President Truman issued the first official National Security Strategy.[13] A national security strategy is the nation’s plan for ensuring its own continued existence.[14] A national security strategy’s basic purpose is to provide guidance on managing the risks associated with future challenges, thereby ensuring the security of the nation over the long term in the face of both general uncertainty and well-defined threats.[15] The national security strategy’s main goal is to serve as a big picture document that takes a screenshot view of the world as it relates to the United States and sets out a guide on how the United States can become stronger domestically and on the world stage.

In 2022, President Biden and his national security team outlined climate change as a top priority threat to national security, which had not been done by previous administrations. Although climate change has increasingly become a top priority for many presidents, its challenges have not been the main focus in the area of national security. Climate change has always been an environmental issue left to policy experts; however, due to serious repercussions and consequences, climate change has become an all-hands-on deck issue now included in studies done by national security experts.

President Biden’s National Security Strategy stated that his administration believed that climate change is one of the most important national security challenges that the United States face.[16] The strategy views climate change as a shared challenge that is not a marginal issue that comes second to geopolitics.[17] Instead, climate change is at the very core of national and international security.[18]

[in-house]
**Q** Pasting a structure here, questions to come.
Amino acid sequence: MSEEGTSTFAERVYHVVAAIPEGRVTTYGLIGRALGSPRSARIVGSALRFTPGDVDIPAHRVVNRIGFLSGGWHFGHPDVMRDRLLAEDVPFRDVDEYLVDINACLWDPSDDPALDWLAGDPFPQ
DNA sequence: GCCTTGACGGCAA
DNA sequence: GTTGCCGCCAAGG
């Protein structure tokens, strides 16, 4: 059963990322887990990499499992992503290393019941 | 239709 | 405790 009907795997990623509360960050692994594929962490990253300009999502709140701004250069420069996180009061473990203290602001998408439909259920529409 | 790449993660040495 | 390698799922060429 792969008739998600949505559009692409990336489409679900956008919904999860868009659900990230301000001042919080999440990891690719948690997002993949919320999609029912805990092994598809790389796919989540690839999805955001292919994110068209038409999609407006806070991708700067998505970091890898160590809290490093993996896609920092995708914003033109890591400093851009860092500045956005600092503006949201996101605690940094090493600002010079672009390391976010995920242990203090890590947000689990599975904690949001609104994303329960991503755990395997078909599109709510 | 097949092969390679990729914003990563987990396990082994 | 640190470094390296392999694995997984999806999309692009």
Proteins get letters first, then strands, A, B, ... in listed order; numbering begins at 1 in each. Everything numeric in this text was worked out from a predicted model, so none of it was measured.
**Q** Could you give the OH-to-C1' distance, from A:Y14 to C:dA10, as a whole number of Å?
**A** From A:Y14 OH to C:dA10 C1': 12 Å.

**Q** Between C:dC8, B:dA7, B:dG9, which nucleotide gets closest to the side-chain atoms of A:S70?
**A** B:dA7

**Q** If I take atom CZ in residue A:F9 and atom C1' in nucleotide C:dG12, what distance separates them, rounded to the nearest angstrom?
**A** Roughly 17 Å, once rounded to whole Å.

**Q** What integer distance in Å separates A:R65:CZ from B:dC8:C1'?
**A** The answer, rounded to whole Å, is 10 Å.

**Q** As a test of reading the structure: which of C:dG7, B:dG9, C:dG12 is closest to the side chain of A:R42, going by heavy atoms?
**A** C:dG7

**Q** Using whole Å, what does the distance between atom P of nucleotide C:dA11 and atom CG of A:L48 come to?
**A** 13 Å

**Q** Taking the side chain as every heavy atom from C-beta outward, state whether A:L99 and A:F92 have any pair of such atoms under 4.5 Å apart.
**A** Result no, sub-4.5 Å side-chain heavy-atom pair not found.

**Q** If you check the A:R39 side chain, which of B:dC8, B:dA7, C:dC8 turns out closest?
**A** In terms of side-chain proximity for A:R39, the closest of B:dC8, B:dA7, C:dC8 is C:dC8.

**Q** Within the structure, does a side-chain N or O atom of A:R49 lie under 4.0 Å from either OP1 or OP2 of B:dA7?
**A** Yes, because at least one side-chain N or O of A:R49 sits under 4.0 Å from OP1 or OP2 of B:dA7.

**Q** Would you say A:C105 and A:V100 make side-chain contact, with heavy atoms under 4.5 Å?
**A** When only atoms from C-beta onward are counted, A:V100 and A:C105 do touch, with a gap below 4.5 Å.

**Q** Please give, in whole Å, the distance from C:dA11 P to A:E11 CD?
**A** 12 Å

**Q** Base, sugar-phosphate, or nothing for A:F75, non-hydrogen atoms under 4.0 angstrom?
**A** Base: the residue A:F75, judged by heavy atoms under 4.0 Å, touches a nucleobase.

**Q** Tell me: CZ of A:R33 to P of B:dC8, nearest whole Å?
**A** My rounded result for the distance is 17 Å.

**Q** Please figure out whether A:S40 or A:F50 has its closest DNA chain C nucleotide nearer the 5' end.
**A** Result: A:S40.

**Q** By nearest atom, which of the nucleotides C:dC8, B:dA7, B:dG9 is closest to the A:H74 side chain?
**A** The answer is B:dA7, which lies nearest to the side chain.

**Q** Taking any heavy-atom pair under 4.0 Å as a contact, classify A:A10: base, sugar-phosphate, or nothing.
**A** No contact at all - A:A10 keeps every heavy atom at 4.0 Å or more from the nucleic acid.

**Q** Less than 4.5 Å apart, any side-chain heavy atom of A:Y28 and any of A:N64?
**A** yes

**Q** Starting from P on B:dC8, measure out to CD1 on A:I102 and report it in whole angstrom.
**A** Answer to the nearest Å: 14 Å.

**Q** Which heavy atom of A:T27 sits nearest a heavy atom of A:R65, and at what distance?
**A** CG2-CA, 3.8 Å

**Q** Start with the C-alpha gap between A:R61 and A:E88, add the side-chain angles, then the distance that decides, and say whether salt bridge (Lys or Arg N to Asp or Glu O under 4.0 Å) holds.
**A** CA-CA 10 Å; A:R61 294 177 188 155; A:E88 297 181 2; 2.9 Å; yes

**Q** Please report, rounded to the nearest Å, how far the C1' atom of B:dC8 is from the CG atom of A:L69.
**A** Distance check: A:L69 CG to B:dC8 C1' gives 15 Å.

In the National Security Strategy, President Biden states that without immediate global action during this crucial decade, global temperatures will cross the critical warming threshold of 1.5 degrees Celsius after which scientists have warned some of the most catastrophic climate impacts will be irreversible.[19] President Biden’s National Security Strategy states the following:

Climate effects and humanitarian emergencies will only worsen in the years ahead—from more powerful wildfires and hurricanes in the United States to flooding in Europe, rising sea levels in Oceania, water scarcity in the Middle East, melting ice in the Arctic, and drought and deadly temperatures in sub-Saharan Africa. Tensions will further intensify as countries compete for resources and energy advantage—increasing humanitarian need, food insecurity and health threats, as well as the potential for instability, conflict, and mass migration. The necessity to protect forests globally, electrify the transportation sector, redirect financial flows and create an energy revolution to head off the climate crisis is reinforced by the geopolitical imperative to reduce our collective dependence on states like Russia that seek to weaponize energy for coercion.[20]